Richard Gere is a Buddhist. Demi Moore and Ashton Kutcher are initiated in Kabbalah. And Tom Cruise and Katie Holmes are raising little Suri in the Church of Scientology. None were raised in the traditions which now inform their spirituality, along with the 44% of Americans who too have changed their religions. So why then should Julia Roberts’ revelation of her Hindu practice, that today inspires the spirituality of over two million Indian-origin Hindu Americans and an unaccounted number of non-Indian-origin Hindus — including those who may have converted or, for all intents and purposes, could be considered practicing Hindus — elicit the question of whether America is ready to embrace Hinduism? Read more

Nam – as – te. Three syllables and one simple word that has the potential to bring peace between peoples, peace between nations and most importantly, peace within ourselves. Literally translated, namaste means, “The Divine within me bows to the same Divine within you.” And despite it’s conciseness, this one word encompasses the essential teachings of Hinduism. But, in terms of its potential power, it transcends Hinduism and Hindus. Read more

Kurma Jayanthi, or Koorma Jayanti, is observed on the day when Lord Vishnu incarnated as Kurma or Tortoise. Kurma Avatar is the second of the ten incarnations of Lord Vishnu. The purpose of Kurma Avatar was to keep Mount Mandara intact and help in the process of Samudra Manthan or churning of ocean. In 2010, the date of Kurma Jayanti is May 27. Read more

The Hindu American Foundation recently announced its second annual NextGen Essay Contest. Topic: The beauty of Hinduism, and a key reason for its longevity as a world religion, is its ability to embrace modernity.  While the philosophy of Hinduism is ever-relevant, the manner in how it is applied to everyday life continues to change with each generation.  HAF wants to know the difference between your application of Hindu philosophy to daily life and your parents’ application. How do you live your… Read more

A fascinating debate unfolded recently at Washington Post’s On Faith: The medical professor and blogger Aseem Shukla wrote an essay on yoga’s American popularity and Hindu heritage. Decrying the “severance of yoga from Hinduism,” Shukla asked: Why is yoga severed in America’s collective consciousness from Hinduism? Yoga, meditation, ayurvedic natural healing, self-realization–they are today’s syntax for New Age, Eastern, mystical, even Buddhist, but nary an appreciation of their Hindu origins. It is not surprising, then, that Hindu schoolchildren complain that… Read more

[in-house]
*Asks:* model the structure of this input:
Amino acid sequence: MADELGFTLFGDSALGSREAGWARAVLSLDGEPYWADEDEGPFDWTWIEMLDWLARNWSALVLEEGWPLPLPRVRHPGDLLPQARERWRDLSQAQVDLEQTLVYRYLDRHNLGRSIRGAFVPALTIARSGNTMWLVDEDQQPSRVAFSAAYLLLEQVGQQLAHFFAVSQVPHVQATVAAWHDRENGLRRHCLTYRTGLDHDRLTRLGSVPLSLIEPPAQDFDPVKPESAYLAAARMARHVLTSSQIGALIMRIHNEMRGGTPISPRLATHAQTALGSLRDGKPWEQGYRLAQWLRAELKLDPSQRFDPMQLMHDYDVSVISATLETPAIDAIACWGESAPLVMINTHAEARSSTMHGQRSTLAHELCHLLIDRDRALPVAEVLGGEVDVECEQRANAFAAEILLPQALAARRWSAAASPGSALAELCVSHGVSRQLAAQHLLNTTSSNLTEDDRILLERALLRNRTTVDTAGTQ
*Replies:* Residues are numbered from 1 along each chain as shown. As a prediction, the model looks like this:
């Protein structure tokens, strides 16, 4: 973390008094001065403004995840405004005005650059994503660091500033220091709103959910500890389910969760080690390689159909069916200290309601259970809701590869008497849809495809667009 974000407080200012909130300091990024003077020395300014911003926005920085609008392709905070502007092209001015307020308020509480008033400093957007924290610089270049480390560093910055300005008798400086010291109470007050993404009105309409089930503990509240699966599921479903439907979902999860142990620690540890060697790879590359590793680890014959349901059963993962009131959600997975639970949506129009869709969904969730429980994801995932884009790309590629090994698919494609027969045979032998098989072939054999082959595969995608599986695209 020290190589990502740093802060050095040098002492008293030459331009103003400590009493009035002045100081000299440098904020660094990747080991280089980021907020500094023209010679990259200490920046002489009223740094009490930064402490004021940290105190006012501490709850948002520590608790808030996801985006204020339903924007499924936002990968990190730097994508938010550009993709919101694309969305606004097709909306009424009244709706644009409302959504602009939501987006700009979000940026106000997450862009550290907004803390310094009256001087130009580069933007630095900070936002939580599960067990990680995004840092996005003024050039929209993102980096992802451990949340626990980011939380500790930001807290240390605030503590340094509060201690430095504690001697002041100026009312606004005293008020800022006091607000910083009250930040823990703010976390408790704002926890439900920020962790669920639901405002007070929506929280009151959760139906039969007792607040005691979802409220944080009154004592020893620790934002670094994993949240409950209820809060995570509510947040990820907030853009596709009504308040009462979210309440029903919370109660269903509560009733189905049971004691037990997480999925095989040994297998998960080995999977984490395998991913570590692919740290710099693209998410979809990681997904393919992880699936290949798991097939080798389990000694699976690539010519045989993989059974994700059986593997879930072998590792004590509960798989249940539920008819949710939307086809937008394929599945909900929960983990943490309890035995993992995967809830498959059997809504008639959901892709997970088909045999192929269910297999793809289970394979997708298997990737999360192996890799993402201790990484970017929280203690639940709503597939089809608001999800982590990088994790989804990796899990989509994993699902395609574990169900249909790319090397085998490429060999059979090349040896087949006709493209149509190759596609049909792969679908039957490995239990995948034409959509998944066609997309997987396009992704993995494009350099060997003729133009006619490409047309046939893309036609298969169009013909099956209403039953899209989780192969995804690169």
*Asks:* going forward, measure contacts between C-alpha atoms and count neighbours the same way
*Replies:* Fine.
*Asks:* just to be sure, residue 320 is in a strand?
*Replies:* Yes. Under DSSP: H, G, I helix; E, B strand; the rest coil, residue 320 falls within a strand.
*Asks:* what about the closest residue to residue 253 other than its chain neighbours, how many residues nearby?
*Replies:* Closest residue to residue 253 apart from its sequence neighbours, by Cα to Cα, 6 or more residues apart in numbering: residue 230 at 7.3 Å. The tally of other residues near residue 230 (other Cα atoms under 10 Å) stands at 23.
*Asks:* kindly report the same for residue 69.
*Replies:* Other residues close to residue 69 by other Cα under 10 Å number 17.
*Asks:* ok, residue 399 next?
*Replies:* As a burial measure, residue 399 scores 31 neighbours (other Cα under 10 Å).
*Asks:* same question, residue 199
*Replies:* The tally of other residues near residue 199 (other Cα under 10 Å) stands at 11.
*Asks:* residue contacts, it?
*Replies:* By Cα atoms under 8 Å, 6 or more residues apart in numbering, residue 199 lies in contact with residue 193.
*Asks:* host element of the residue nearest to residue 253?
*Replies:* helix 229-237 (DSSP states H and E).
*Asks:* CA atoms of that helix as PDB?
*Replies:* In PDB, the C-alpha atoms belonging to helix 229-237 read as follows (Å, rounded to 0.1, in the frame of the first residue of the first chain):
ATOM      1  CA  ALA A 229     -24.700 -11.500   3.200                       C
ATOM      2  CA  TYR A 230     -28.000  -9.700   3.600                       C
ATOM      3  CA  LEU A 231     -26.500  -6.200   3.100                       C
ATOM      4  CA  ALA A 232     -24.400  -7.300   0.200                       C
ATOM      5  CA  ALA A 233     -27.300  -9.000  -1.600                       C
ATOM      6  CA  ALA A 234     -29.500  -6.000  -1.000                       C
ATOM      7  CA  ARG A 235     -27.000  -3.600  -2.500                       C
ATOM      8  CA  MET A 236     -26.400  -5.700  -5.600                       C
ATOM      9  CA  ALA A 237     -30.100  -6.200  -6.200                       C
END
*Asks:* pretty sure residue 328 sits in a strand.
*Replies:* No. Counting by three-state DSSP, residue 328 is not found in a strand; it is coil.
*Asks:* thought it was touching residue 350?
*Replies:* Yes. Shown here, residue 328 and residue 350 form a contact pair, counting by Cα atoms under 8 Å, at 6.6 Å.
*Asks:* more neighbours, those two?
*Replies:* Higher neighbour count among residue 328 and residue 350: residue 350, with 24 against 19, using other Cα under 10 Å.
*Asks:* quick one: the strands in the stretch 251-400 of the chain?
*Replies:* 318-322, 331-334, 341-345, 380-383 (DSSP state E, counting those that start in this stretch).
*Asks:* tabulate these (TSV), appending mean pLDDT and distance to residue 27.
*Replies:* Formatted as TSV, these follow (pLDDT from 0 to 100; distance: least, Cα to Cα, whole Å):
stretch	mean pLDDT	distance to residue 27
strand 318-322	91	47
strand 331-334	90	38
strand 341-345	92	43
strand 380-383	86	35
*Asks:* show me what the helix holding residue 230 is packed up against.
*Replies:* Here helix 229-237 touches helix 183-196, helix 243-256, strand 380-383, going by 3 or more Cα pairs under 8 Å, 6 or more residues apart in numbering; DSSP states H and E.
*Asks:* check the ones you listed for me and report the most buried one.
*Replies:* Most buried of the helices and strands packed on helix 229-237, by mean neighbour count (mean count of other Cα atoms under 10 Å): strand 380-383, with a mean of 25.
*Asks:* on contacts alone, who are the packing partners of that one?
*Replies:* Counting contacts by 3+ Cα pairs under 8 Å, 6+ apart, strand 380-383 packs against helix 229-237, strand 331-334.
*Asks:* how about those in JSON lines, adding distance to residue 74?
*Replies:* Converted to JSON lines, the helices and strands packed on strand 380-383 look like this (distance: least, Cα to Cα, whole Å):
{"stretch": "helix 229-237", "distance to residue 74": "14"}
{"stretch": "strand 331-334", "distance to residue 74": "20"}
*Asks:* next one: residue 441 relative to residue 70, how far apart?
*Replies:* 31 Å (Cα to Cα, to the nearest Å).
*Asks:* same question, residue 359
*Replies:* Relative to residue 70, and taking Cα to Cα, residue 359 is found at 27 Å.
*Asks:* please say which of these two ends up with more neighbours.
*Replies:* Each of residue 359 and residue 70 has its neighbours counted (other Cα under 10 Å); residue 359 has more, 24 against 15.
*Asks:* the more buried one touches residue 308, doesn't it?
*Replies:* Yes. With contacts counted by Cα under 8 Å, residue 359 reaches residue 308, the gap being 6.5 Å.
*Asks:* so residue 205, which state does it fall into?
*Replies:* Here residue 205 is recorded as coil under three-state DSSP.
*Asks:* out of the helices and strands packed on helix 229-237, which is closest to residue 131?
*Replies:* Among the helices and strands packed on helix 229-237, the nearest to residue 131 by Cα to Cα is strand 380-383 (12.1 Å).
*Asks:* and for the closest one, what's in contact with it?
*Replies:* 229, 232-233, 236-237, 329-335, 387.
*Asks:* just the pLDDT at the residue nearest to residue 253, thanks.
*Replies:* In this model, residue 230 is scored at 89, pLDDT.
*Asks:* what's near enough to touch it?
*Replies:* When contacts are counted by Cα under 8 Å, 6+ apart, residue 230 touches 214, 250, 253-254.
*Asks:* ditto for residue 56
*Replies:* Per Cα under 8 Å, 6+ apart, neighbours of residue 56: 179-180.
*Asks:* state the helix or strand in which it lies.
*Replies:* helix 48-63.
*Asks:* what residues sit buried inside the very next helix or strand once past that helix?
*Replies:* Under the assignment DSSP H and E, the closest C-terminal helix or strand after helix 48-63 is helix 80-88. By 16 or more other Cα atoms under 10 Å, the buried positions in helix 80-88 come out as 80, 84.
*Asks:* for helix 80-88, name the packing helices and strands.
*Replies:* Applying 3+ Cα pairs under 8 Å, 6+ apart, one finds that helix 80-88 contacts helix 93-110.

Over at HuffPo, Ramnath Subramanian reflects on business education, ethics, and asks what modern lessons we might learn from ancient Indian epics: I heard a story in my early childhood that has only grown on me through my experience in corporate America. The story comes from the Mahabharata (literally translated as “The History of Greater India”), one of the classics from India’s ancient religious texts, the Vedas. The setting: the best school of martial arts and military training, headed by a veteran… Read more

As a wave, Seething and foaming, Is only water So all creation, Streaming out of the Self, Is only the Self. Consider a piece of cloth. It is only threads! So all creation, When you look closely, Is only the Self. (Ashtavakra Gita 2:4-5) (ht: Read more

Welcome to the new blog of the Patheos Hindu portal! If you’re interested in contributing to this blog, please email us at Here’s a short video to kick off this new blog — a video, fittingly enough, about  Namaste…. Read more

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